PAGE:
Long Exposure Portraits

Posted on September 14, 2012

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The procedure itself caused the subject to focus his whole life in the moment rather than hurrying on past it: during the considerable period of the exposure the subject as it were grew into the picture, in the sharpest contrast with appearances in a snapshot…

This is a quotation from Walter Benjamin’s Essay A Short History of Photography published in 1931 (Benjamin). Benjamin is referring to the effect of long exposures on the subject of a portrait. He refers also to comments made by the painter Emil Orlik, who was a contemporary originating from Prague. Orlik suggested that early photographic portraits had an expressive coherence due to length of time the subject had to remain still. Benjamin refers to the work of David Octavius Hill the Scottish painter and photographer as being exemplary in this regard. Hill used the Calotype process.

On reading this I began to wonder. Were Benjamin and Orlik correct about the effects of asking the subject to remain still for a long period. Does such a procedure really result in ‘expressive coherence’. For my next assignment I thought I would tackle this question head on by making a series of portraits which will be aimed at testing this hypothesis. The same set up will be used for each of the portraits to enable comparison. I have not fully defined the scope of this work yet and it will evolve over time. To begin with I plan a series of self portraits. I will use the same set up (lighting, background, etc) for each portrait but will vary the  way I pose. To begin with I plan to explore the following alternatives:

  1. Normal short duration portrait frontal neutral expression
  2. Normal short duration portrait frontal smiling
  3. Normal short duration portrait frontal reading
  4. Normal short duration portrait averted gaze neutral expression
  5. Long exposure portrait frontal neutral expression
  6. Long exposure portrait frontal smiling
  7. Long exposure portrait frontal reading
  8. Long exposure portrait averted gaze  ( this was David Octavius Hill’s technique)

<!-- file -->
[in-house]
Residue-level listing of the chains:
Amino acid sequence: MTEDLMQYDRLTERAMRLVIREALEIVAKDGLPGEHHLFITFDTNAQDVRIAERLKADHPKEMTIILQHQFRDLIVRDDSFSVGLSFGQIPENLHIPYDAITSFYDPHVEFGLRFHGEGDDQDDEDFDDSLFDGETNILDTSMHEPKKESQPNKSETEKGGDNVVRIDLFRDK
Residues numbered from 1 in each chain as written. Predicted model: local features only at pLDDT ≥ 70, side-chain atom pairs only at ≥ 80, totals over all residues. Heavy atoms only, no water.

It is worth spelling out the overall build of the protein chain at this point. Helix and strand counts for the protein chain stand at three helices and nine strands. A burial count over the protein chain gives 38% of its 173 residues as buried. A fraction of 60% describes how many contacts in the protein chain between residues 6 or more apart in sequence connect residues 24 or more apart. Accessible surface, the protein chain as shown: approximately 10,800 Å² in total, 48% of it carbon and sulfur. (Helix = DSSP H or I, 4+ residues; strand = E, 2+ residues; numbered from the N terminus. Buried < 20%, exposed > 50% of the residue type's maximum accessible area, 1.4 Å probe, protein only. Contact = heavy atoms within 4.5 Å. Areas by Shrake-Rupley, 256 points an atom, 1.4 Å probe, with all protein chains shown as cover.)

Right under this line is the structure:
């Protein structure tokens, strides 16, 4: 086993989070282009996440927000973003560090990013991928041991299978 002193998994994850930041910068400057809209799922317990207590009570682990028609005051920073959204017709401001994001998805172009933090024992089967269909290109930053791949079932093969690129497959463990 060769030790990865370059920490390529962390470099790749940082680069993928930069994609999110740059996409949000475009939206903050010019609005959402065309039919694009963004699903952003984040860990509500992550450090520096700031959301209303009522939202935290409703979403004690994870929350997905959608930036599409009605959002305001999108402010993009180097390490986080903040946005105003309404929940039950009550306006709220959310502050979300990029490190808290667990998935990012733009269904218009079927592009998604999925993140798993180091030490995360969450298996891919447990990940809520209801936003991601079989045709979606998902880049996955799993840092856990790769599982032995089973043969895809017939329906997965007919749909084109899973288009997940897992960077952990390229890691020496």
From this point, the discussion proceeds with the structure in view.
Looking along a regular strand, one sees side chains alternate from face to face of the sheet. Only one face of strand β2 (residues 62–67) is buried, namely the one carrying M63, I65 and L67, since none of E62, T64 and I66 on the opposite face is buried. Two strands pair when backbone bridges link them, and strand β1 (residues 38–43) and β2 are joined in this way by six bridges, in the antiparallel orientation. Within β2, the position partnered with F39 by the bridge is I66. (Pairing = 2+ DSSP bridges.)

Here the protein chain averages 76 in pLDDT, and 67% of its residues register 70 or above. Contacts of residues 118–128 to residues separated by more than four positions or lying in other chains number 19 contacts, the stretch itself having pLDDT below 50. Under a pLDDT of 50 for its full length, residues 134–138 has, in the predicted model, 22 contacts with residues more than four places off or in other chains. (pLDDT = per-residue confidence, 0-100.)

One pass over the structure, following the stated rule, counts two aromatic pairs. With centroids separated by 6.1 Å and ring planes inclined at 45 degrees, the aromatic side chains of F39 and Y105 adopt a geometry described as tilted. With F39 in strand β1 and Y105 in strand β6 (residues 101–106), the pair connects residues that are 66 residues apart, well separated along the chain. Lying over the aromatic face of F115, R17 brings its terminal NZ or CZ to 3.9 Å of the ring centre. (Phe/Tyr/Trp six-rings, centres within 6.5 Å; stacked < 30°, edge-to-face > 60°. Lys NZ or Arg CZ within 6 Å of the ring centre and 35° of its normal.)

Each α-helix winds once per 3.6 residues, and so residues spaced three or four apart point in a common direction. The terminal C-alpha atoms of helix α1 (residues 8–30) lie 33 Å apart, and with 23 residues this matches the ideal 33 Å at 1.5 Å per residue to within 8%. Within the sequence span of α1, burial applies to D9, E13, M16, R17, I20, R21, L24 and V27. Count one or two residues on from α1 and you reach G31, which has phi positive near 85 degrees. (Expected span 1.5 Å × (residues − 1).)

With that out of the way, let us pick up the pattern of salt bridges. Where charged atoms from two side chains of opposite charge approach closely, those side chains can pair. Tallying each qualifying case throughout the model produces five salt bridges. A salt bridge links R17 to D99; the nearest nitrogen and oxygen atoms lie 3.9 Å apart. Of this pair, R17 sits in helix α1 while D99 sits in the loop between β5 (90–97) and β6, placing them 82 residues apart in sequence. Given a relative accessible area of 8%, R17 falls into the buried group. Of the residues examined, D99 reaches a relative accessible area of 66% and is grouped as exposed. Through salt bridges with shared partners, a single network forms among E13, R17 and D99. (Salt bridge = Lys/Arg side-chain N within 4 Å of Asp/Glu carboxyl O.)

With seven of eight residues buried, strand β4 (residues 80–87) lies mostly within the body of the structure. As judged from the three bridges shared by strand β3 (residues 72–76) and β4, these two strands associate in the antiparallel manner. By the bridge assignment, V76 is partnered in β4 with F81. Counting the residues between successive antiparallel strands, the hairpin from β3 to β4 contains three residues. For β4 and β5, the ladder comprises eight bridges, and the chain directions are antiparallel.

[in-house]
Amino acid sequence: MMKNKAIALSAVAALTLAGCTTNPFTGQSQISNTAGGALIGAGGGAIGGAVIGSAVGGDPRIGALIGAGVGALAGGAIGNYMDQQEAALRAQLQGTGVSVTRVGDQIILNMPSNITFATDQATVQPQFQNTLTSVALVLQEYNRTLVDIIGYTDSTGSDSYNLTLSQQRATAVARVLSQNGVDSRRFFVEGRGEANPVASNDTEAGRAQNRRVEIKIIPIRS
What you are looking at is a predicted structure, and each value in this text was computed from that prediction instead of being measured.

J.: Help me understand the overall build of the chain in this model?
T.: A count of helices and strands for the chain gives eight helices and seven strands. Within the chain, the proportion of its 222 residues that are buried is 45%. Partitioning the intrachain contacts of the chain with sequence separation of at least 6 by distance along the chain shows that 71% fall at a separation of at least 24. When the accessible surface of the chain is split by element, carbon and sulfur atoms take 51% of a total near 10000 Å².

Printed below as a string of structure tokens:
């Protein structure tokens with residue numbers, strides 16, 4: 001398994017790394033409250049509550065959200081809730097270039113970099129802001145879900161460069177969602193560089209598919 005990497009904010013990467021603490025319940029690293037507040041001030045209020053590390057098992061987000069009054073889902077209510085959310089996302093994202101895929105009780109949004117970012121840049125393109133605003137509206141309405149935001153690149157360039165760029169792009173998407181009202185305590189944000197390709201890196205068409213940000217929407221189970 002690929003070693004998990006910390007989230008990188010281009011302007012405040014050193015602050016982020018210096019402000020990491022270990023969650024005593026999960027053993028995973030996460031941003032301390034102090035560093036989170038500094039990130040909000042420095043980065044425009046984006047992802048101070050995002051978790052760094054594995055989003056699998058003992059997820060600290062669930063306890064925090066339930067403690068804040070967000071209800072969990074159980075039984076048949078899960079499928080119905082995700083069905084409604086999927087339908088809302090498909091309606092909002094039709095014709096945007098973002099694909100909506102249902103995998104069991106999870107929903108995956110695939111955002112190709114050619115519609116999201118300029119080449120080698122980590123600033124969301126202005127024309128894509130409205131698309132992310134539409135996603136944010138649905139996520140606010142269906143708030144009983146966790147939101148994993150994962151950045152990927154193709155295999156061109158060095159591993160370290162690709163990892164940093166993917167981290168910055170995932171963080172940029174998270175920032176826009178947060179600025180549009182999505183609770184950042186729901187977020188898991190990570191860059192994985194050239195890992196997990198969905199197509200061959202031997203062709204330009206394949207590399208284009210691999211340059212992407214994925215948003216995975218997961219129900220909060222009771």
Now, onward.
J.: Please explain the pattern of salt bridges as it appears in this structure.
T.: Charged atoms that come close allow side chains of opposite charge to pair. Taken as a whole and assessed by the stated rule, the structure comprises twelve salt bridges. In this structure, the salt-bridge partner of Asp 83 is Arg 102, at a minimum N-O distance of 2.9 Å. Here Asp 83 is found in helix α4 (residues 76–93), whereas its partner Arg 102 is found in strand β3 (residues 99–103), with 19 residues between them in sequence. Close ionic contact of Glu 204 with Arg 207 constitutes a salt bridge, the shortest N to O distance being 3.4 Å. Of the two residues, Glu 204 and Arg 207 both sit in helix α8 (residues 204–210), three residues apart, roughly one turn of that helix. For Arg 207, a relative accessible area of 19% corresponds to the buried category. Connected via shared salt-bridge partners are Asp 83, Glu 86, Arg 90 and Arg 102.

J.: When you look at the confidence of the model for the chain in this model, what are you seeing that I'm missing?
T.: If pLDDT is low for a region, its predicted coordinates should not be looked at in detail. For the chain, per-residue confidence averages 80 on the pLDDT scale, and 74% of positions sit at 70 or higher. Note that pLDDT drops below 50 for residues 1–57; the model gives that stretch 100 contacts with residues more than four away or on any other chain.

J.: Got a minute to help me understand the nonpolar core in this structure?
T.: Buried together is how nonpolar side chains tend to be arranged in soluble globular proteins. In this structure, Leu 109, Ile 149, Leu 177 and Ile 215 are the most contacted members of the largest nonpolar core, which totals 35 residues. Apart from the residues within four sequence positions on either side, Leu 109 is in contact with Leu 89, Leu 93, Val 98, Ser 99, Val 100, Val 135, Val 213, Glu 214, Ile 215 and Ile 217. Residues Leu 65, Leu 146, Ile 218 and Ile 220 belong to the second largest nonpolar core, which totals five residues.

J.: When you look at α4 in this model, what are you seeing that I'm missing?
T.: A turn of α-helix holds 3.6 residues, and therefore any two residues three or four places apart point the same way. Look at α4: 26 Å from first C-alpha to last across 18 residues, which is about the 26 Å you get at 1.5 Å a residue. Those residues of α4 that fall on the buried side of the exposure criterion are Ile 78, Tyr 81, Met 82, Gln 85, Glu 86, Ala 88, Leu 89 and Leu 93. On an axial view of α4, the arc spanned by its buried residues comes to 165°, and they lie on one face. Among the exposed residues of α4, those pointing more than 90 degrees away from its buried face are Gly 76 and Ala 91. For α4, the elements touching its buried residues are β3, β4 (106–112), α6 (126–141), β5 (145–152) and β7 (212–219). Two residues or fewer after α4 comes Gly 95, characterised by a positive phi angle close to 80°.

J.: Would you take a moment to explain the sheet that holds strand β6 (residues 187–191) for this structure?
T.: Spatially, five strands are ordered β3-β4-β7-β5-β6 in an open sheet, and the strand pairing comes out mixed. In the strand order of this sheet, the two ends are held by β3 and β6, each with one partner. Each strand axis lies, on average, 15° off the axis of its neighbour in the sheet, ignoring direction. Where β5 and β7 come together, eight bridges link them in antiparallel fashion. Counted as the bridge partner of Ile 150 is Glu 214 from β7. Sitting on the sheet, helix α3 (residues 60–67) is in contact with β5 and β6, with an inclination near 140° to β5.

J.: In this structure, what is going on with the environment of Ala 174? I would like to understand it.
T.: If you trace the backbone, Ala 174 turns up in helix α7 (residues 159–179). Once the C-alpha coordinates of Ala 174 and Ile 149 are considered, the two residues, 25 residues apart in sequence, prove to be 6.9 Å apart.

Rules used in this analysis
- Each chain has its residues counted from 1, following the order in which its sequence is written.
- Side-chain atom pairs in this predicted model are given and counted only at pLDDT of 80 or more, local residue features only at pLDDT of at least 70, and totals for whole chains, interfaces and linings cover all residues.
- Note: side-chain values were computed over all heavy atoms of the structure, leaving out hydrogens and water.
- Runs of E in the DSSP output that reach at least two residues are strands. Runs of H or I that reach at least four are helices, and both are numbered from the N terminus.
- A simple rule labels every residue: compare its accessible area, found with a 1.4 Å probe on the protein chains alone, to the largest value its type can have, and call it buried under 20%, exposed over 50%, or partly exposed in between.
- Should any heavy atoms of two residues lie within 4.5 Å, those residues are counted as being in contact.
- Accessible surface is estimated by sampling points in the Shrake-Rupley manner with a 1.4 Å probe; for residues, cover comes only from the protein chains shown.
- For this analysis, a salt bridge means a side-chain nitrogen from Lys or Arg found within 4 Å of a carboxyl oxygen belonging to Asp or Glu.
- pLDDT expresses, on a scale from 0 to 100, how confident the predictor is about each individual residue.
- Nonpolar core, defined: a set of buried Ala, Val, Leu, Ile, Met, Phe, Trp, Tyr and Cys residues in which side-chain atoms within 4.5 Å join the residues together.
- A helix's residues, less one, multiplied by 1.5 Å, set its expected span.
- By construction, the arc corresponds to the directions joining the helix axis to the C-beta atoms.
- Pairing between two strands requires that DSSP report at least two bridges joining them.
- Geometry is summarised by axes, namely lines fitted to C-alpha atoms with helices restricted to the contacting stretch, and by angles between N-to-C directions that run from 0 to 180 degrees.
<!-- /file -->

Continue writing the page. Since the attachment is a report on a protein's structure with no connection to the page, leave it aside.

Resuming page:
I will also introduce variations of the pose with my body/head supported (as was the case for DOH long exposures) and not supported. If the work is successful in the self portraits I plan to encourage a few other willing volunteers so that I can broaden the base of my research and add more meat to the assignment.

For the long exposures I hope to use a pinhole camera – this is also my way of simulating the relatively crude equipment available to DOH in the mid 1800’s. I am not sure if this will be possible but I have begun testing. Here is an early test shot made with a Hasselblad 503CM with a Skink Pinhole attachment (f/192, 73mm) shot on Ilford Hp5 (ISO 400). It is a 6 minute exposure. There is much wrong with this photograph but I have learned from the process.

Self portrait with pinhole camera – 6 minute exposure

The following observations for improvement are immediately apparent:

  1. 6 minutes is too long, my facial expression is blurred out! I will need to use lights and I plan to use the modelling lights on my Elinchrom Quadra portable studio lights for this purpose. I need to keep the exposures to around the same as Hill used – more research on this is needed.
  2. The background is distracting I need to use a curtain or plain background behind.
  3. I need to make sure that my clothing contrasts with the selected background and that my face is the lightest element of the portrait – it is the face I am interested in.
  4. The framing was off (I have had to crop). I need to set up the camera with an 80mm lens first than install the pinhole attachment.
  5. I need to set the exposure for the face rather than a general reading. Ambient reading at the face level is the technique to deploy. I used an iPhone app for this photo.
  6. I am not sure about the book….could be a distraction.
  7. The table works well for the supported poses. I will also need to devise a standing pose set up.

Much to do. Not sure if it will work but as an assignment it follows on from other work I have done which has been aimed at looking at ways to capture portraits where the subject is distracted from self conscious posing….

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